There are Americans who are ISIS sympathizers.
In fact, to date, the FBI reports that just over 200 Americans have joined, or attempted to join, the ISIS movement. Tracking and stopping these Americans is one of the FBI’s top priorities. A handful of Americans seek to assist ISIS by participating in plots on American soil. Most, however, attempt to leave the country and directly participate in the fighting on the Syrian front lines.
Maryland native Mohamed Jamal Khweis is one of the ones who successfully skirted US intelligence and made it out of the U.S. The 26-year-old reportedly participated in the fighting in Syria and Iraq.
Mohamed was born in the U.S. His father is Palestinian. His mother is originally from Mosul—a city in Northern Iraq, completely controlled by Islamic extremists. Although one can speculate, it is not entirely clear why Mohamed defected from the U.S. to join ISIS.
Apparently, the extremists’ lifestyle was not for Mohamed. He is currently in the custody of Kurdish forces.
March 9, Mohammed sought out the opposing army and gave himself up. He stumbled through the desert during the night–unarmed–and waited until daybreak. He then approached the front lines of the Kurdish army, begging to surrender. The Kurds were baffled . They had never witnessed or heard of a militant voluntarily surrendering. It is also the first time an American who has defected to join ISIS has surrendered.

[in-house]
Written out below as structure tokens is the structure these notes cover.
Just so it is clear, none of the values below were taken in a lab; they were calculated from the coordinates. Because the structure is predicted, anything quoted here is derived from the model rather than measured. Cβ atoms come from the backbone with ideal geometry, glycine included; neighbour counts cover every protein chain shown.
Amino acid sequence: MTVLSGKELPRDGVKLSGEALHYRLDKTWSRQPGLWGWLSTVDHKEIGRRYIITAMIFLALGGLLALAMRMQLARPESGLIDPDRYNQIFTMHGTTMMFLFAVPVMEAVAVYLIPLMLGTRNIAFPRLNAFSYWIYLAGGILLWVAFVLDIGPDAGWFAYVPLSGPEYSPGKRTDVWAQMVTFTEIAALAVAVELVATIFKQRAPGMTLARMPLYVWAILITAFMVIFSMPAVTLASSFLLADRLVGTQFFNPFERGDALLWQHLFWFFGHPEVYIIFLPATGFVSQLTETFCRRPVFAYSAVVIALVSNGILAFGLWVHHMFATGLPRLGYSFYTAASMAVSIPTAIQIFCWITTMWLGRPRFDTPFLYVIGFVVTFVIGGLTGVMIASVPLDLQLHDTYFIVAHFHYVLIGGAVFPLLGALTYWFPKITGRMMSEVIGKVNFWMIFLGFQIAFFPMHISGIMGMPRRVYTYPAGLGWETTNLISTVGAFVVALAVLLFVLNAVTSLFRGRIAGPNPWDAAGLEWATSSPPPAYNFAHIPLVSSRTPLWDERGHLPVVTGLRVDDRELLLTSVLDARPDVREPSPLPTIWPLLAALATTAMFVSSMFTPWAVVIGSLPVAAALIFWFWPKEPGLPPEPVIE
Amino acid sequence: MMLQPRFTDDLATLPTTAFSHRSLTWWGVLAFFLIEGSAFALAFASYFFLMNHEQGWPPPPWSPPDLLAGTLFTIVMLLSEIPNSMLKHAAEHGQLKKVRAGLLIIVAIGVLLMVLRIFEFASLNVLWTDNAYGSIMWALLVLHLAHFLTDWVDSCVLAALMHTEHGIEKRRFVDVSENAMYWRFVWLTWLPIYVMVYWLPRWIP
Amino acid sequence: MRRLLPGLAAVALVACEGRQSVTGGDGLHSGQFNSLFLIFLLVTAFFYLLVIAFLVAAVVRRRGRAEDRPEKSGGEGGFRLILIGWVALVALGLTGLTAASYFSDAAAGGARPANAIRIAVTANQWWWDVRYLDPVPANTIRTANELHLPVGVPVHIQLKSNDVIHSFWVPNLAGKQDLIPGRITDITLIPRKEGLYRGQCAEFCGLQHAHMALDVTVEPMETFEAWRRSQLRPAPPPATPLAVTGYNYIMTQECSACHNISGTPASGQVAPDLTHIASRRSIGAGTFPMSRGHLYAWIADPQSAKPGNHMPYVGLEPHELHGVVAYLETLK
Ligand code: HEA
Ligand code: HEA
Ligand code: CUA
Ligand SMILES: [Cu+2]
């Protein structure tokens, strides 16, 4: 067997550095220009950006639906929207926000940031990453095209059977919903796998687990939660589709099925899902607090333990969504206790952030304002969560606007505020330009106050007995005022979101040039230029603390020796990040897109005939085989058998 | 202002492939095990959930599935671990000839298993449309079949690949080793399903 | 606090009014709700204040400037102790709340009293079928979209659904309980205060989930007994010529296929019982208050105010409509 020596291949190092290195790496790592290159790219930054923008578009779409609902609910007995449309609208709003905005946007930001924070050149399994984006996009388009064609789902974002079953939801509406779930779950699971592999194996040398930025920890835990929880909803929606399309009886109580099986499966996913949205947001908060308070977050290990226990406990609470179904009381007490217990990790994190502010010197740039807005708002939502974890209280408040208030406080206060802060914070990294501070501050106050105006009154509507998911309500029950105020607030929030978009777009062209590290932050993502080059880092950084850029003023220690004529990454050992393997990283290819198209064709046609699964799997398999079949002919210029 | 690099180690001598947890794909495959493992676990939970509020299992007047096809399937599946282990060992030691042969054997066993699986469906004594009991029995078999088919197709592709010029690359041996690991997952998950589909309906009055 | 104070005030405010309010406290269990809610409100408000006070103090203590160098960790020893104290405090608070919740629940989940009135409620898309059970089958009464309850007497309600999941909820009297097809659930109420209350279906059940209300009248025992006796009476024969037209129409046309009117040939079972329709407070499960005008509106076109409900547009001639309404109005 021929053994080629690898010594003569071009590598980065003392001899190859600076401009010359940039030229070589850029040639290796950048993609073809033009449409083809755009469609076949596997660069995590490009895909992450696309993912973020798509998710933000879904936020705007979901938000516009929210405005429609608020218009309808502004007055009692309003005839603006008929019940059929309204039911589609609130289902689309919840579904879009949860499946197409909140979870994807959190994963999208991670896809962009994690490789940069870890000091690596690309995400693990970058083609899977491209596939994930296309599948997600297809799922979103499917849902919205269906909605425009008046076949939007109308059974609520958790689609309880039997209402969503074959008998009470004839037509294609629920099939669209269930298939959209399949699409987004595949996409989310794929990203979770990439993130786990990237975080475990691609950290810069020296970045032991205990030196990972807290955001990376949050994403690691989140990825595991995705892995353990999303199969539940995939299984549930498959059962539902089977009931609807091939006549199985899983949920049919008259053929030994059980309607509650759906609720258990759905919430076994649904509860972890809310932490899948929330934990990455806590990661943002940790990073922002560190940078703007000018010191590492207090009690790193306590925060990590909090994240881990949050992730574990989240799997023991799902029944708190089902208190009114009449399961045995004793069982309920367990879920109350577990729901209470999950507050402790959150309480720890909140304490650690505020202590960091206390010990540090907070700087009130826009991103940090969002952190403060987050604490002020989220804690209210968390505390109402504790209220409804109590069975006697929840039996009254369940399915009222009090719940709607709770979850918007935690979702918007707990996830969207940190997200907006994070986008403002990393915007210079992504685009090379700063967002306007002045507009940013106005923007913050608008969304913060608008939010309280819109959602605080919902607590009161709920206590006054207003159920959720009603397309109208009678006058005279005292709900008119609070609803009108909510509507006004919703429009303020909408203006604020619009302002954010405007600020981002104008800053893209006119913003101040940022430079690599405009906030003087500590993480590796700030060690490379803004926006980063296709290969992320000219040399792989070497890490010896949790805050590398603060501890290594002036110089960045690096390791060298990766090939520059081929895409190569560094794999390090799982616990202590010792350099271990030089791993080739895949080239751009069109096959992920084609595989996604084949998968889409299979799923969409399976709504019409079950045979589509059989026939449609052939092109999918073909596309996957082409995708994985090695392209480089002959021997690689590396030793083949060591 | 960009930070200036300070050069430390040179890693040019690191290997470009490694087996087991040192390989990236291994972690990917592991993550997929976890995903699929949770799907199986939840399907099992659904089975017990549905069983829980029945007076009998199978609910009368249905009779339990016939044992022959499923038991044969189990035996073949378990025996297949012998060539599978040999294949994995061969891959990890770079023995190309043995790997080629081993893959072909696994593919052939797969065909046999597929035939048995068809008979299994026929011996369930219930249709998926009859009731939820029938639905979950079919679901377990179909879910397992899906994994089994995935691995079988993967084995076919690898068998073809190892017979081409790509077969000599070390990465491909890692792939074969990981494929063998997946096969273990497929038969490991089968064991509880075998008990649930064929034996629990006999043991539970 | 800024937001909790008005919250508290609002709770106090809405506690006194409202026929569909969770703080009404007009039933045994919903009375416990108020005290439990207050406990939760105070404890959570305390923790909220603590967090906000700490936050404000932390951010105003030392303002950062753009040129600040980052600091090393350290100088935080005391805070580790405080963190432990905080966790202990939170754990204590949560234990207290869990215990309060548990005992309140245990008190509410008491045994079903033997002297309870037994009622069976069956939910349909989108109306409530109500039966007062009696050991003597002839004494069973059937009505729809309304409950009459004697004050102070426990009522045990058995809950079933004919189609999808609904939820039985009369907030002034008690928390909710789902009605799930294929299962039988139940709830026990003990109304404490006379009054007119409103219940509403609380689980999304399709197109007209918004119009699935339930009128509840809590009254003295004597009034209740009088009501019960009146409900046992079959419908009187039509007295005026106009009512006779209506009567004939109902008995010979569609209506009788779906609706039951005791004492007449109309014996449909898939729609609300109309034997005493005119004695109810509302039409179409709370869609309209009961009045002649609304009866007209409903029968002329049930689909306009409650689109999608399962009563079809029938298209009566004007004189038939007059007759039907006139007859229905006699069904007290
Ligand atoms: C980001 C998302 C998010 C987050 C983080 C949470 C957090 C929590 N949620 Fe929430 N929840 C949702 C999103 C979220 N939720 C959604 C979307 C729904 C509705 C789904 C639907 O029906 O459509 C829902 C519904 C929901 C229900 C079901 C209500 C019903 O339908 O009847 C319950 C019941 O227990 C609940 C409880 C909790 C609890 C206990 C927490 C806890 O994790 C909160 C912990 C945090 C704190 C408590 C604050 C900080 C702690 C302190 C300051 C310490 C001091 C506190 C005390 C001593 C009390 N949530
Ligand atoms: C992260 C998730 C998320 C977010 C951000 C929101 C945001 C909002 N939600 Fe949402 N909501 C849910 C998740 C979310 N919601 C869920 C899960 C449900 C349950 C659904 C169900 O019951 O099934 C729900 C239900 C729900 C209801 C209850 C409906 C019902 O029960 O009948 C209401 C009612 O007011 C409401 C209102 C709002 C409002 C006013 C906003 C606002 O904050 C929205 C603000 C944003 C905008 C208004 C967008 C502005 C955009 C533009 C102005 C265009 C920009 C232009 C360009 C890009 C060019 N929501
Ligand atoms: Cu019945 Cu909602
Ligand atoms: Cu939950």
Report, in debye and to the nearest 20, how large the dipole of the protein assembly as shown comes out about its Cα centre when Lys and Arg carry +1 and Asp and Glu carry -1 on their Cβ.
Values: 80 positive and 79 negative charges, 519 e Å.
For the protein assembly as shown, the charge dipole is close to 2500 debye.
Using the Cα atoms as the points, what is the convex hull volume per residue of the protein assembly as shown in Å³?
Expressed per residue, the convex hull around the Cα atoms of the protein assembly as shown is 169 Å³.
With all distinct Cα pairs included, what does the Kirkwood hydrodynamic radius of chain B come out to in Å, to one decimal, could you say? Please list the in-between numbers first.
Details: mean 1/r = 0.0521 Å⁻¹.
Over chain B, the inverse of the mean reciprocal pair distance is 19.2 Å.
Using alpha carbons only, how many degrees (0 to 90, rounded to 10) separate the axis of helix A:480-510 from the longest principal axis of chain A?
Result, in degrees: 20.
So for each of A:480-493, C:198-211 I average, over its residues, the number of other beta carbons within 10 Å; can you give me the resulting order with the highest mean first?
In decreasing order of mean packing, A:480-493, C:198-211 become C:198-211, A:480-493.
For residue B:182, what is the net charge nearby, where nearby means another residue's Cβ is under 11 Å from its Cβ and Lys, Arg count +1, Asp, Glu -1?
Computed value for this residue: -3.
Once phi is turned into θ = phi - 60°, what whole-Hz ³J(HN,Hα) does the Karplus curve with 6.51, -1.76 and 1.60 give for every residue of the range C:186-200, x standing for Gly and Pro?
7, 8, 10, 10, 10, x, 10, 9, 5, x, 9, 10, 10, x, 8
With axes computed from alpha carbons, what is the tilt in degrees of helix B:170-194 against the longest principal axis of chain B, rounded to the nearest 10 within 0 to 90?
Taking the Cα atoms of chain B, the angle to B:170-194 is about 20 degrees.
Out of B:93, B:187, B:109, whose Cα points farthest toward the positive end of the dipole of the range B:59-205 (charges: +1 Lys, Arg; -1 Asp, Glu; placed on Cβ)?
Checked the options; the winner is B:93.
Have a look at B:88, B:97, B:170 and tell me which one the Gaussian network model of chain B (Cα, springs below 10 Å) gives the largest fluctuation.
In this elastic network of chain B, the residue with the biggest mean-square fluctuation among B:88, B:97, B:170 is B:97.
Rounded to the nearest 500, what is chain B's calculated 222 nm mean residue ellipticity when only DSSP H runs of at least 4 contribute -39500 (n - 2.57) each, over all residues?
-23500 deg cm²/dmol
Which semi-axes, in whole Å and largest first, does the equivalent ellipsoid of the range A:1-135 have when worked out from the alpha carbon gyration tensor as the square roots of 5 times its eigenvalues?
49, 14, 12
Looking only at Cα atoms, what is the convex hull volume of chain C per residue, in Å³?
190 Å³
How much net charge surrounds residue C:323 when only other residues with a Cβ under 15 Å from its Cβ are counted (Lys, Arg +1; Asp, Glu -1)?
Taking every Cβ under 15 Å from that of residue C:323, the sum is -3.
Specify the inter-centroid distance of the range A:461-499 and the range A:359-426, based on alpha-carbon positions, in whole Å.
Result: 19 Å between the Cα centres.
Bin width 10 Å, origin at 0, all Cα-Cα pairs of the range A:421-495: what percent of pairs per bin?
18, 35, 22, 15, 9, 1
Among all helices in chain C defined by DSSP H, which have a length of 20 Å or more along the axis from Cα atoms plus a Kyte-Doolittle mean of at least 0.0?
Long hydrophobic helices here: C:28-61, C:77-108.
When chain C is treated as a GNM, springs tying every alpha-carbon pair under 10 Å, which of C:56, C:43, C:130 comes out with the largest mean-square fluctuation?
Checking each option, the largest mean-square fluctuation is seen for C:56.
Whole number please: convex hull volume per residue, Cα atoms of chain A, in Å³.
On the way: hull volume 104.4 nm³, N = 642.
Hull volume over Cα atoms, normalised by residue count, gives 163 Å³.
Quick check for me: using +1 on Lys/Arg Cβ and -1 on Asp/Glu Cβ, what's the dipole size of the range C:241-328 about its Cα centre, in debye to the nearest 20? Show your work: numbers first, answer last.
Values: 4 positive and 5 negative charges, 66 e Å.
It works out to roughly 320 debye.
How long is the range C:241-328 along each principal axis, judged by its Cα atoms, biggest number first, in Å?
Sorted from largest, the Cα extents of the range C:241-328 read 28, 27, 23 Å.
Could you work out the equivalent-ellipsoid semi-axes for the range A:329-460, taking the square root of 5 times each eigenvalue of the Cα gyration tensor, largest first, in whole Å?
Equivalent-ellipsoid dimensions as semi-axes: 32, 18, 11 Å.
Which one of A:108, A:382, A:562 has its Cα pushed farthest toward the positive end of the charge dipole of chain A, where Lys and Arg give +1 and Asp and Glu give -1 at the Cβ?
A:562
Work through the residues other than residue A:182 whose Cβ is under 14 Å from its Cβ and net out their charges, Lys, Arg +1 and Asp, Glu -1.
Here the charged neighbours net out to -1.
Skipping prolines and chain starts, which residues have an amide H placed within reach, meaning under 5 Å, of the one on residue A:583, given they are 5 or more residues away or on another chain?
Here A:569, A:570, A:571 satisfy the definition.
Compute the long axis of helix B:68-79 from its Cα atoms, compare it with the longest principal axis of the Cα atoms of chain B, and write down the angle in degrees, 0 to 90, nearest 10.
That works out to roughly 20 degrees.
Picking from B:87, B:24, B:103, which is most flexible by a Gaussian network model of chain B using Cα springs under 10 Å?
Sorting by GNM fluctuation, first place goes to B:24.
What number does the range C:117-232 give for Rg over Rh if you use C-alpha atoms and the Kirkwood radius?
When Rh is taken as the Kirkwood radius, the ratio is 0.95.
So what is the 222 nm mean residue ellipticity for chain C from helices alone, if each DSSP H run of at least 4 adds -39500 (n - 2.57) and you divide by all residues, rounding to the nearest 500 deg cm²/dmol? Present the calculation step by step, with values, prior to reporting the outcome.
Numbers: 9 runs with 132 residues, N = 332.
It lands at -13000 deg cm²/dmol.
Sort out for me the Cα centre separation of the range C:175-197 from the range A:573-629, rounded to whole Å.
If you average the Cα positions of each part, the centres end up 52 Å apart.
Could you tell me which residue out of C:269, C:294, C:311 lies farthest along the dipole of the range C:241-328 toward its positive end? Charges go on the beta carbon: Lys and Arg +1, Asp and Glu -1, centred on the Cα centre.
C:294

Suspicious of his intentions, Kurdish military officials proceeded with caution.
After intense questioning and ensuring that this was not an attempted suicide bombing, Kurdish Intelligence took Mohamed into custody. He informed them that he was an American from Fairfax, VA. Officials were able to partially verify his statements using the VA driver’s license he produced and by contacting his family currently residing in the U.S.
Mohammed’s father, who resides in VA was incredulous when he received the news. When confronted by reporters about his son’s involvement with ISIS, he told reporters he did not believe it and would be contacting the U.S. State Department to verify their story.
When Mohammed’s uncle was able to see the driver’s license confiscated by the Kurds, he immediately verified that it was his nephew.
“That’s him. I cannot believe it,” his uncle, Kamal Khweis, told NBC News Monday. “He doesn’t even speak Arabic. ISIS? I cannot believe this.”
Apparently, Mohamed had devised a cover story to explain his travel and conceal his true destination. According to the family, Mohammed was vacationing in Europe. Last they heard, he was in Greece. Mohamed’s family is still grappling to cope with the news.
“He’s my son, he’s a good person, he’s a good son,” the father said.
It is not clear what lies ahead for Mohamed Khweis. It is uncertain if or when Kurdish authorities will release him to the U.S. If he is released and it is determined that he did, in fact, join ISIS, he could face prosecution by the U.S. Department of Justice for a range of felonies.